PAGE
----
Mojang took two years to address Minecraft security flaw, says programmer

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But it’s okay – they fixed other “arguably worse” ones too!

Minecraft developerMojang has addressed a serious security flaw following a blog post that publicly chastised the company for not responding to proof that a security flaw could cripple the game’s servers.

In July 2013, programmerAmmar Askar“responsibly and privately disclosed the problem” to the Minecraft team and asked for updates in “one month intervals over the course of 3 months”. Feeling “ignored or given highly unsatisfactory responses”, Askar broke his silence at the end of last week, frustrated that the vulnerability — which allows you to “crash any server, and starve the actual machines of the CPU and memory” — was not addressed despite two major updates and dozens of minor patches.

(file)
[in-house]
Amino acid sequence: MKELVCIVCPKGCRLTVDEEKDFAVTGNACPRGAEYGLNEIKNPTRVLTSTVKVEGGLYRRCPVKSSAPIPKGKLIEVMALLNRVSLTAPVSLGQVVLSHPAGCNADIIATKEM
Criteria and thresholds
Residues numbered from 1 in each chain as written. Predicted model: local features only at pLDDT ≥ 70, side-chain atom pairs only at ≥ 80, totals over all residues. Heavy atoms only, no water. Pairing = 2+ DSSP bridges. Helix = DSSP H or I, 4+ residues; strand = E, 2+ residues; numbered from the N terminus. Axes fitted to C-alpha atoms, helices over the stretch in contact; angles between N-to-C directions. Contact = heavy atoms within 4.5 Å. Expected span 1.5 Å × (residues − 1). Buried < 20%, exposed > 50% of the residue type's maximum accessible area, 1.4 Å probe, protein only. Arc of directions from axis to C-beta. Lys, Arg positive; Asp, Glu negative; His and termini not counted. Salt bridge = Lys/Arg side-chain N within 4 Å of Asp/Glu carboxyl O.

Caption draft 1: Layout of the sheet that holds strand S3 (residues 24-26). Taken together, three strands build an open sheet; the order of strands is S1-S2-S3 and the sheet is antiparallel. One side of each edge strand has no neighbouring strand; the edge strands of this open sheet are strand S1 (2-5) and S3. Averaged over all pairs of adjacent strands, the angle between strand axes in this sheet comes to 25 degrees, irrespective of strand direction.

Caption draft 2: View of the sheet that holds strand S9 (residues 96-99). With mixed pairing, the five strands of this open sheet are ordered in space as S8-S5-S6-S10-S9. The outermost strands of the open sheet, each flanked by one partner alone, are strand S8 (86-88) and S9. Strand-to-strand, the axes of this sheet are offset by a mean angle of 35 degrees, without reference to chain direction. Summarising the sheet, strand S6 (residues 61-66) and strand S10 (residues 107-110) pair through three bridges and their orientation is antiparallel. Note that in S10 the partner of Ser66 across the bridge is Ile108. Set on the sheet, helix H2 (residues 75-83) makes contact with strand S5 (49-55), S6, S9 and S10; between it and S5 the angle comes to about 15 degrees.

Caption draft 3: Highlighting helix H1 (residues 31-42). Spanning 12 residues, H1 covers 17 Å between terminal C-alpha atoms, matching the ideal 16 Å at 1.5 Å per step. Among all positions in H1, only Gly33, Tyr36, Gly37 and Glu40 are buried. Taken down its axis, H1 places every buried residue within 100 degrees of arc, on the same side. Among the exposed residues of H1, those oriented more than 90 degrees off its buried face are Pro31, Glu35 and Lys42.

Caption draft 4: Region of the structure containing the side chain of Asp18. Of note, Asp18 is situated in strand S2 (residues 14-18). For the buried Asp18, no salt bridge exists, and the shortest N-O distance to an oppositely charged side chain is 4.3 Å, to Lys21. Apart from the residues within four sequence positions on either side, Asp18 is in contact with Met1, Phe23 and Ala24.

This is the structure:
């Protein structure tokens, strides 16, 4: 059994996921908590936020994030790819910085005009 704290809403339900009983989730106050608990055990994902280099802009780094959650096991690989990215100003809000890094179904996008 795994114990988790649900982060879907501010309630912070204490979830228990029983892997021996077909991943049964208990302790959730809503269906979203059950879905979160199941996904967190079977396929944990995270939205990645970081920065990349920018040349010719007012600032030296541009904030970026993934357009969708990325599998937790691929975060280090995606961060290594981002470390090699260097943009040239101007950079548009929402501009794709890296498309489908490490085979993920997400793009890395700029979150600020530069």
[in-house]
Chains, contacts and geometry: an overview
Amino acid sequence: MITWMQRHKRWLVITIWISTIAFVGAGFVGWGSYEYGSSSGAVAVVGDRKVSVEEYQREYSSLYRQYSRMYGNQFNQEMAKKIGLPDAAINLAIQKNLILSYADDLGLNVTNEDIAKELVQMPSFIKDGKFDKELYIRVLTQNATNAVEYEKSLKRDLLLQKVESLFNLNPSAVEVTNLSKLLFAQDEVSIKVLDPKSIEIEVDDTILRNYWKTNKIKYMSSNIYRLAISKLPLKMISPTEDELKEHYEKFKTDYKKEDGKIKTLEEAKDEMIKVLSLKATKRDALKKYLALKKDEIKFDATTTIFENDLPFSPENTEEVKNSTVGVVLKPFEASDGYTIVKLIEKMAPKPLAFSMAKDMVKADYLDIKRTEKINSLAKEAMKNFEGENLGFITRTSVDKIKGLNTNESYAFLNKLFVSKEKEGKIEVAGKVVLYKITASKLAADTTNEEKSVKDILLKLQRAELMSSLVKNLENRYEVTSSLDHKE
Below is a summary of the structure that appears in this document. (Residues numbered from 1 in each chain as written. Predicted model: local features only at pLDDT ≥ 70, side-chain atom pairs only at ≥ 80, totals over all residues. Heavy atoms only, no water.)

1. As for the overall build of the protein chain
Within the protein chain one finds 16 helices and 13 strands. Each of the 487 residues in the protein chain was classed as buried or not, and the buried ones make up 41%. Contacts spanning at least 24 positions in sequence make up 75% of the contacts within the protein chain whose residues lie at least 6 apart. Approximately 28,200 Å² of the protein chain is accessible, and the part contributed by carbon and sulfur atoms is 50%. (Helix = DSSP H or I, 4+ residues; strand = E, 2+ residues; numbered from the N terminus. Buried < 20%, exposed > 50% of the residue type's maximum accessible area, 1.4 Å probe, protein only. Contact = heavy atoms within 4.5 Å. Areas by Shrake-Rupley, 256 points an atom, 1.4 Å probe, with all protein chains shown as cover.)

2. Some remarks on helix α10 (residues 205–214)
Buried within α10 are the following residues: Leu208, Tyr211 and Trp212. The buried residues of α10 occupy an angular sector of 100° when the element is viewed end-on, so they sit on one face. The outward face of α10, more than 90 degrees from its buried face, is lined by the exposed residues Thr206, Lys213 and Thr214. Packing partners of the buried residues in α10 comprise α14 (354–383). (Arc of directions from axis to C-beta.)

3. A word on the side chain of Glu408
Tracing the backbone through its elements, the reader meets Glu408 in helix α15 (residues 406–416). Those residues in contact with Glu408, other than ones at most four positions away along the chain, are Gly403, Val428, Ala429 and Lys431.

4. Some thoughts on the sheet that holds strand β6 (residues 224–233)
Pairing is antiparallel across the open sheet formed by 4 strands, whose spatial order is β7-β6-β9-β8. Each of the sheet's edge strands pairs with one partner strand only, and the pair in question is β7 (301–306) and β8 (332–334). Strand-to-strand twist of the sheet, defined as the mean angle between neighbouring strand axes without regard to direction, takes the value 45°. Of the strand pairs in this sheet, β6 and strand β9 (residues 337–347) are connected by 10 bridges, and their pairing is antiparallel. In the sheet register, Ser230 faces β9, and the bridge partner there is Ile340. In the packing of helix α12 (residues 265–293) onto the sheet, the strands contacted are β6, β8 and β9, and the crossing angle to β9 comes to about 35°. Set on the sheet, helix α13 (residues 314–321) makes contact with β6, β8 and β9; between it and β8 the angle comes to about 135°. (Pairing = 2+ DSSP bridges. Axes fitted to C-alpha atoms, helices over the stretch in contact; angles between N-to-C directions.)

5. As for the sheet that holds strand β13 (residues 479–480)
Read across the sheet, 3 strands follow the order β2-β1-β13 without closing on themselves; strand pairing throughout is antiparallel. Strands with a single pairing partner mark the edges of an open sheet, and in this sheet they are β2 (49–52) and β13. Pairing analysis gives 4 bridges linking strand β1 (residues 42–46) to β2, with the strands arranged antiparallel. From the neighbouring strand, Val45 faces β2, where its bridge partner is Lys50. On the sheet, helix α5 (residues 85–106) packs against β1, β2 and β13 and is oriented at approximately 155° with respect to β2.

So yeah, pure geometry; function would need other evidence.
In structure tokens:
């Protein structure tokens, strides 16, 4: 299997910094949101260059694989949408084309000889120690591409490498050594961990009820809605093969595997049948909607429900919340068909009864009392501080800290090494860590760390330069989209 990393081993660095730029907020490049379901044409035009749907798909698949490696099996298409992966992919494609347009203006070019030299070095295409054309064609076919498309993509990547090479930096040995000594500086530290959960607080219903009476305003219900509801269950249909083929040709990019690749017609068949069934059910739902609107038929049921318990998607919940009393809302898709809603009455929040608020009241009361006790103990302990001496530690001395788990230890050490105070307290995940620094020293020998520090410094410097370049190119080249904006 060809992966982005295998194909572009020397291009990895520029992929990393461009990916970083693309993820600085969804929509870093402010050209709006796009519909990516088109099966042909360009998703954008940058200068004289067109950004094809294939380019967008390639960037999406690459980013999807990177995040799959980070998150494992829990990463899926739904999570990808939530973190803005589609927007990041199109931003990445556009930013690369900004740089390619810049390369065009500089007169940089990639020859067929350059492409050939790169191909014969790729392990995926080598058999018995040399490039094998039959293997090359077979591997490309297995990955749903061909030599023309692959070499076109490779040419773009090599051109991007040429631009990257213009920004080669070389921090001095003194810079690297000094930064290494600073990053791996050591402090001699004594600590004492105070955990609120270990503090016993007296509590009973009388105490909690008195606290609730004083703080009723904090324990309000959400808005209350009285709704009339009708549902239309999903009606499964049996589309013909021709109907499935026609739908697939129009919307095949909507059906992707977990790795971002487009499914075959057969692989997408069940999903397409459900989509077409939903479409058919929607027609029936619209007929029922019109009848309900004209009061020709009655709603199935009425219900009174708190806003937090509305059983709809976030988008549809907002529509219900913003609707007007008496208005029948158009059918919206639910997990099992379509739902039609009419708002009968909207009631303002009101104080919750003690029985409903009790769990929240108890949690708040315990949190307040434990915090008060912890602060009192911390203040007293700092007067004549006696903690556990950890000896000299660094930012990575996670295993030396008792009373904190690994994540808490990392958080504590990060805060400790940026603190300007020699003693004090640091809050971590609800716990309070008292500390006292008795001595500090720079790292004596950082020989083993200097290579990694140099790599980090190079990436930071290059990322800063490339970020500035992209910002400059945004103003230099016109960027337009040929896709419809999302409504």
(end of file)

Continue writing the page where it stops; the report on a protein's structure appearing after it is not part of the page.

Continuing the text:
“I thought a lot before writing this post,” Askar wrote in his blog.“On the one hand I don’t want to expose thousands of servers to a major vulnerability, yet on the other hand Mojang has failed to act on it.”

“Mojang is no longer a small indie company making a little indie game, their software is used by thousands of servers, hundreds of thousands of people play on servers running their software at any given time.”

In addition, it should be noted that giving condescending responses to white hats who are responsibly disclosing vulnerabilities and trying to improve a product they enjoy is a sure fire way to get developers dis-interested the next time they come across a bug like this.”

Within 24 hours of the story breaking onArs Technicalate last week, Mojang had addressed the problem, thewebsiteconfirming that latest update 1.8.4 addresses “a few reported security issues, in addition to some other minor bug fixes & performance tweaks.”

A caustictweetfrom Minecraft developer Nathan Adams noted that whilst “that” exploit is fixed in 1.8.4, “so areother (arguably worse) exploits.” So… that’s a good thing, I guess? I think?